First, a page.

More than an hour of poetry and conversation between poets David Adès and Peter Boyle, on Peter’s selected theme— exploring the unknown in life.
Peter, with the theme that you’ve selected ‘Exploring the unknown in life’, you’re reading poems today from your last two books ‘Ideas of travel’, and ‘Notes towards the dream book of endings’. Both of those titles suggest to me the notion of exploration.
How do those two books reflect your theme?
I think both of those books reflect the idea of, or are based around the premise of, trying to write poetry that doesn’t start from what you know but is working its way towards what you don’t yet know. So it’s poetry that’s deliberately not paraphrasable—not exactly storytelling, not obviously related to some kind of theme that you could spell out in advance. So it has that exploratory quality, the sort of openness to the various things that life might unfold that we don’t yet know. So multiple dimensions of reality….
You’d be familiar with this, there’s a very old conversation in poetry about whether poets—and probably in literature generally—should write about what they know. I remember as a seventeen-year-old wannabe writer I was told not to write anything until I had something to say. I wrongly didn’t think I had anything to say as a seventeen-year-old and that was possibly the worst advice I’ve ever been given. How much of writing for you is about exploring the unknown?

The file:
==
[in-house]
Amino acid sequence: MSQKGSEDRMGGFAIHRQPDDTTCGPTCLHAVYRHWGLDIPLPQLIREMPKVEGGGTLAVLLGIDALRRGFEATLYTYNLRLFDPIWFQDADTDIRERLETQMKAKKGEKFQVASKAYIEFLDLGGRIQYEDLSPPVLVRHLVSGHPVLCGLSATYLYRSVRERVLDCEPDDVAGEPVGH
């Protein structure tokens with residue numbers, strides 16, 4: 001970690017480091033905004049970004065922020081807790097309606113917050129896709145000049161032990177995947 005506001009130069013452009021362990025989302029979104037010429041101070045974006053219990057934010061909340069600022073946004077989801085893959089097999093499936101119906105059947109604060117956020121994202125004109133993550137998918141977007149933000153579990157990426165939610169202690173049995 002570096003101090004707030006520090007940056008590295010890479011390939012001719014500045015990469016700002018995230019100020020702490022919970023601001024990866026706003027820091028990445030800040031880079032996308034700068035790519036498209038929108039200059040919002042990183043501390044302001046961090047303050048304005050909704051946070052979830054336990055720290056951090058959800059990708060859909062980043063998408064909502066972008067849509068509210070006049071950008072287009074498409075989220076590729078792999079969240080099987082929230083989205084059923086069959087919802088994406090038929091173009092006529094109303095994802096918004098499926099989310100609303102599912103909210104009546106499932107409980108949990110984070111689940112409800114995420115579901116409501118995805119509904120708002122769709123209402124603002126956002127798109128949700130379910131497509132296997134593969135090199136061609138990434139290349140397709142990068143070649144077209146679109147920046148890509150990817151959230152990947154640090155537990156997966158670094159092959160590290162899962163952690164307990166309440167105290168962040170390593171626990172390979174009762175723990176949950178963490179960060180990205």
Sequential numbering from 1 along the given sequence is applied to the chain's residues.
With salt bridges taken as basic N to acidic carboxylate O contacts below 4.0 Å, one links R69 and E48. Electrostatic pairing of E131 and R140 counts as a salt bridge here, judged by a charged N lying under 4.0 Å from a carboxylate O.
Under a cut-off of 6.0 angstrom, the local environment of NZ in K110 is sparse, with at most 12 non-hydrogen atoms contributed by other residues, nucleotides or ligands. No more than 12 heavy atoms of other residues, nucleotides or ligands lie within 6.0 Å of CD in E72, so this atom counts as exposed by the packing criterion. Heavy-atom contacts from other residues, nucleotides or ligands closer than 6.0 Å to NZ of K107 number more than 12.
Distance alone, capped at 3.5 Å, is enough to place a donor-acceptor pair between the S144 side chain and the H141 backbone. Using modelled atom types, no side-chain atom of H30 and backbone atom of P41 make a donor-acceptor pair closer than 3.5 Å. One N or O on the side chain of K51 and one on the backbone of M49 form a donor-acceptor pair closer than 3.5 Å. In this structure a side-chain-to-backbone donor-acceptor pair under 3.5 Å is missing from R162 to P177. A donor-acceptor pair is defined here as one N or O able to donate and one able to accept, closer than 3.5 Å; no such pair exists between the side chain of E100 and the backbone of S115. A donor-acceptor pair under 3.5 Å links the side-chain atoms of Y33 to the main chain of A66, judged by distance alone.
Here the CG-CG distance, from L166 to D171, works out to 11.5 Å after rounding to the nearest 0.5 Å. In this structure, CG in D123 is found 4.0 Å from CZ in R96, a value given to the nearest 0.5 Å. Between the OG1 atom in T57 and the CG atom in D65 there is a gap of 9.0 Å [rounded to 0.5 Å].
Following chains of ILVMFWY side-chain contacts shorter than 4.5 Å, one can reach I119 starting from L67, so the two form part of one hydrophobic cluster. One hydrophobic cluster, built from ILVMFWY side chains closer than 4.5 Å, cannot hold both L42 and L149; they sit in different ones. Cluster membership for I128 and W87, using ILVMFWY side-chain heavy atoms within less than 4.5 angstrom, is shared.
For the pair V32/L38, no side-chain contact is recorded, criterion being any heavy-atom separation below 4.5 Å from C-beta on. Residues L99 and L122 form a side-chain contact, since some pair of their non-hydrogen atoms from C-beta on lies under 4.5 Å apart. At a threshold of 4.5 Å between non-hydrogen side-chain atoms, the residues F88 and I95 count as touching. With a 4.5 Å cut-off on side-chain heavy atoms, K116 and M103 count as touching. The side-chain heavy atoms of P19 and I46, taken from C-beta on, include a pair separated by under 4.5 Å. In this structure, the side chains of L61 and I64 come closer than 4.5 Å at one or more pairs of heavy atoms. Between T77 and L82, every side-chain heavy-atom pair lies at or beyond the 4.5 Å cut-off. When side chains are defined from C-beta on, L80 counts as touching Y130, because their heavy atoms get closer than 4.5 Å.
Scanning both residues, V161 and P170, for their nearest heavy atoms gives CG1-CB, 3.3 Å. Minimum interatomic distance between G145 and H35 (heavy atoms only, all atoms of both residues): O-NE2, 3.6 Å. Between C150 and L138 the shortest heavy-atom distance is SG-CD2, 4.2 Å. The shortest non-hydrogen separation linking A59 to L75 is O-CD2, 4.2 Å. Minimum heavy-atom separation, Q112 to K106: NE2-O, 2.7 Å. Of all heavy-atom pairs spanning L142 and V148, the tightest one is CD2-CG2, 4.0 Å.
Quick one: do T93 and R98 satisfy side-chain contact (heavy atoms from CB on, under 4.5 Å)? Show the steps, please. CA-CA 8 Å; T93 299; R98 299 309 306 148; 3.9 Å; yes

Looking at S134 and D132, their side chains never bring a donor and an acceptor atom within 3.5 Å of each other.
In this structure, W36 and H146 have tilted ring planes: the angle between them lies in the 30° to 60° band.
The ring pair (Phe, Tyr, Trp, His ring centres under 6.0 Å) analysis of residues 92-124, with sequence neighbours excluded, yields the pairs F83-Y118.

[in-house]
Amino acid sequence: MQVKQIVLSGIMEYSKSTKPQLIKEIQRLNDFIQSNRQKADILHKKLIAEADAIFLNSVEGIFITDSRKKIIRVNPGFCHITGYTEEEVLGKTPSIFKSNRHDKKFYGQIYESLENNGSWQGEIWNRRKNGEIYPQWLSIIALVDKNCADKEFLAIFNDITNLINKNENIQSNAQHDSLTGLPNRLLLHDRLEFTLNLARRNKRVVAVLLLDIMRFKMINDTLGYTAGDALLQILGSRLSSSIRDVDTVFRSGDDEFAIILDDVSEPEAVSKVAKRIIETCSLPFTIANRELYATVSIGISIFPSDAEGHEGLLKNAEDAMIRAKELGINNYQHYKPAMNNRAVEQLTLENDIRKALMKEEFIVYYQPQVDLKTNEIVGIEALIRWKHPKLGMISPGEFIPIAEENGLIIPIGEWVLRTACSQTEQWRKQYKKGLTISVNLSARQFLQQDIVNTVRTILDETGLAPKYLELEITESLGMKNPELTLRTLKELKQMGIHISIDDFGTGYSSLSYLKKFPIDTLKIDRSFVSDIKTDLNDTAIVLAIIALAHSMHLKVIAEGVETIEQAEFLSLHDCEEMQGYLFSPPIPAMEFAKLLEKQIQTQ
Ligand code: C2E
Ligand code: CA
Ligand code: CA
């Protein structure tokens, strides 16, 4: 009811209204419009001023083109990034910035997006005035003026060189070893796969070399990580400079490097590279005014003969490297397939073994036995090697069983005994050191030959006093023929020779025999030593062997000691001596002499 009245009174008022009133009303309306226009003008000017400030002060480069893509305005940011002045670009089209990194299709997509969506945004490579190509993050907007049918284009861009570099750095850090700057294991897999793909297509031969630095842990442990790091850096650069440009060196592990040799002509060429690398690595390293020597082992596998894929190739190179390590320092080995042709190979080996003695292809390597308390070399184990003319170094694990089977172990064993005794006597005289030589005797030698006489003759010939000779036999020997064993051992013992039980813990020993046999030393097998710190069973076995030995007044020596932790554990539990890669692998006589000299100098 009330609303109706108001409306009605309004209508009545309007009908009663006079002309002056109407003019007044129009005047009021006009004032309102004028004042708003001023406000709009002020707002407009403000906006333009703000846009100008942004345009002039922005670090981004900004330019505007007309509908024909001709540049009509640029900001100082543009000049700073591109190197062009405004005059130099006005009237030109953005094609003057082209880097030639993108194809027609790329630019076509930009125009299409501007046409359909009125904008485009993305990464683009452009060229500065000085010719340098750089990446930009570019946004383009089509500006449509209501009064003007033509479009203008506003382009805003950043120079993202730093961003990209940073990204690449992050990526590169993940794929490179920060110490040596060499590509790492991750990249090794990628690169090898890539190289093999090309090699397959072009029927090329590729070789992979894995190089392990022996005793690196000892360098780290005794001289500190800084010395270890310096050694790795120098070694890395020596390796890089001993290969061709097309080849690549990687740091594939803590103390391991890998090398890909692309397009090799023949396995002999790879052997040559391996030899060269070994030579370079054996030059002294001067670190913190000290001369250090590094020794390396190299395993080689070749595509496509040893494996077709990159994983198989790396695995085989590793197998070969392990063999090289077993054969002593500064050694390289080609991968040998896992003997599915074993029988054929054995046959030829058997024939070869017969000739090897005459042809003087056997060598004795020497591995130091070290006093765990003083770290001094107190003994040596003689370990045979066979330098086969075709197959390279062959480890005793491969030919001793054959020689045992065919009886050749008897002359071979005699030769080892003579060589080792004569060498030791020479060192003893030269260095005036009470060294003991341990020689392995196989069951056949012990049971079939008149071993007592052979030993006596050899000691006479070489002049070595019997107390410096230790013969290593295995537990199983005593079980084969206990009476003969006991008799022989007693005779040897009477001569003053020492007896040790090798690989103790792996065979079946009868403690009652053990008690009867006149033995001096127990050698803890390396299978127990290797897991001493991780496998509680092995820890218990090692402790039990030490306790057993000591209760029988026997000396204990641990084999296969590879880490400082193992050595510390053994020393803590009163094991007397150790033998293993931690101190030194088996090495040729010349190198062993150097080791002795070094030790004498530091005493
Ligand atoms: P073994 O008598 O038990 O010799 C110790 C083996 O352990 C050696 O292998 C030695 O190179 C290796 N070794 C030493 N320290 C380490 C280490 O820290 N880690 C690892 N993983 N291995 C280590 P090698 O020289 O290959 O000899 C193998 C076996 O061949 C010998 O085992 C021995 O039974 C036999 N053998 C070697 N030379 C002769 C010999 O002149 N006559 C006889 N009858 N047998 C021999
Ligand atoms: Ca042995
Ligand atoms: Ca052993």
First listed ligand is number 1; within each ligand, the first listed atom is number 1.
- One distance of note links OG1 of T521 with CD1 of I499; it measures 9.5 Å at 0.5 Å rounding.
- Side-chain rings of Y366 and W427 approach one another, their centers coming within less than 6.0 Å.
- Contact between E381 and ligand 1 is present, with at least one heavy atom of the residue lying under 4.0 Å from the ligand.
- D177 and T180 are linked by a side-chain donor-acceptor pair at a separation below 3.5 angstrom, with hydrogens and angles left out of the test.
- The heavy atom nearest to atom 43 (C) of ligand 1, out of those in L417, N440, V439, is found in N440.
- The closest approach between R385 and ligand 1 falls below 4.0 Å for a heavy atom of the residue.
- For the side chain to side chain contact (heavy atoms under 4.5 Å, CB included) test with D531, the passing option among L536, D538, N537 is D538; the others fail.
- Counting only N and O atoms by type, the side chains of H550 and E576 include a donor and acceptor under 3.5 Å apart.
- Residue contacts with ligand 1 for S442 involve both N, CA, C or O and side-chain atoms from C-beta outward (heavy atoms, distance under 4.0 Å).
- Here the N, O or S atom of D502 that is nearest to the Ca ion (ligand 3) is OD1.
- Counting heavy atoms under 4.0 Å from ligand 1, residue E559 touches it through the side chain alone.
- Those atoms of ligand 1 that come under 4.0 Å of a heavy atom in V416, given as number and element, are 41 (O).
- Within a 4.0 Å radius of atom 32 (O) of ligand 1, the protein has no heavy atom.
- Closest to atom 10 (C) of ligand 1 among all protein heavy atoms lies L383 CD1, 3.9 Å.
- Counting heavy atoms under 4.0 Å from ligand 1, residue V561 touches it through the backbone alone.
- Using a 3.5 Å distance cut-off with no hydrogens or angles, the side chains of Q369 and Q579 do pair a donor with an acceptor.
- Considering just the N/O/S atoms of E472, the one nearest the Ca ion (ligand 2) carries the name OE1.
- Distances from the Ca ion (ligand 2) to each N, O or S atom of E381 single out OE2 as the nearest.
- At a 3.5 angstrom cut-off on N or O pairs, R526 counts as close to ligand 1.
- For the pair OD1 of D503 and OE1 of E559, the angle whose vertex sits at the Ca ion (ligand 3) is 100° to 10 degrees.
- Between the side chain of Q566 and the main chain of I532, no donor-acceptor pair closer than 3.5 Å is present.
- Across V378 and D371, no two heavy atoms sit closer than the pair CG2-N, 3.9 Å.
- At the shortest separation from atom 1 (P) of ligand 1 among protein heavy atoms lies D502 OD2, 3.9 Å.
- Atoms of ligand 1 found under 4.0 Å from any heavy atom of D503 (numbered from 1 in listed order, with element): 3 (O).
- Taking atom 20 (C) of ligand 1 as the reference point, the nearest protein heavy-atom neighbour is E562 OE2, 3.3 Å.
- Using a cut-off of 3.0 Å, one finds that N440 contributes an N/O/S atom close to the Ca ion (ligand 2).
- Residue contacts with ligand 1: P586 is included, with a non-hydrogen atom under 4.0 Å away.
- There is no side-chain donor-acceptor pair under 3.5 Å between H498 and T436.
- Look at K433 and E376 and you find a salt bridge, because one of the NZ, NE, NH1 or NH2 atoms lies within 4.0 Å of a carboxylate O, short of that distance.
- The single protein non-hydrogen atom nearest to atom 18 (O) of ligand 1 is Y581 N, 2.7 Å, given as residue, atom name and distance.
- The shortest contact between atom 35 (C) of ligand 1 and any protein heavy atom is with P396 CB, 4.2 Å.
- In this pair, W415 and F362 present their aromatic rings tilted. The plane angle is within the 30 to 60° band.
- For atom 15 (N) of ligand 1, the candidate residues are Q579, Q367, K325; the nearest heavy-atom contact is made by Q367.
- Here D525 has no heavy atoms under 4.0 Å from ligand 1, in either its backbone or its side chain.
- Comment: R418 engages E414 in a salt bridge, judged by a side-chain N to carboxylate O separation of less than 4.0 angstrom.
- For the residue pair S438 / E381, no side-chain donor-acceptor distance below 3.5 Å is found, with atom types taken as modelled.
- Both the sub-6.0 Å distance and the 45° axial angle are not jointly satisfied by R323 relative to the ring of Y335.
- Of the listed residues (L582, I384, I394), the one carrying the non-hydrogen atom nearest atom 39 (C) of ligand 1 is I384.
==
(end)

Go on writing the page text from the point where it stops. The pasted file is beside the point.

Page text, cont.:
Well, I think for me writing has got to be about exploring the unknown in a sense that if it’s something that I could say to someone because I know it already, if it’s—you know—just my opinions about some this, that or the other topic, then to me it just doesn’t have the energy to push me into creative poetry….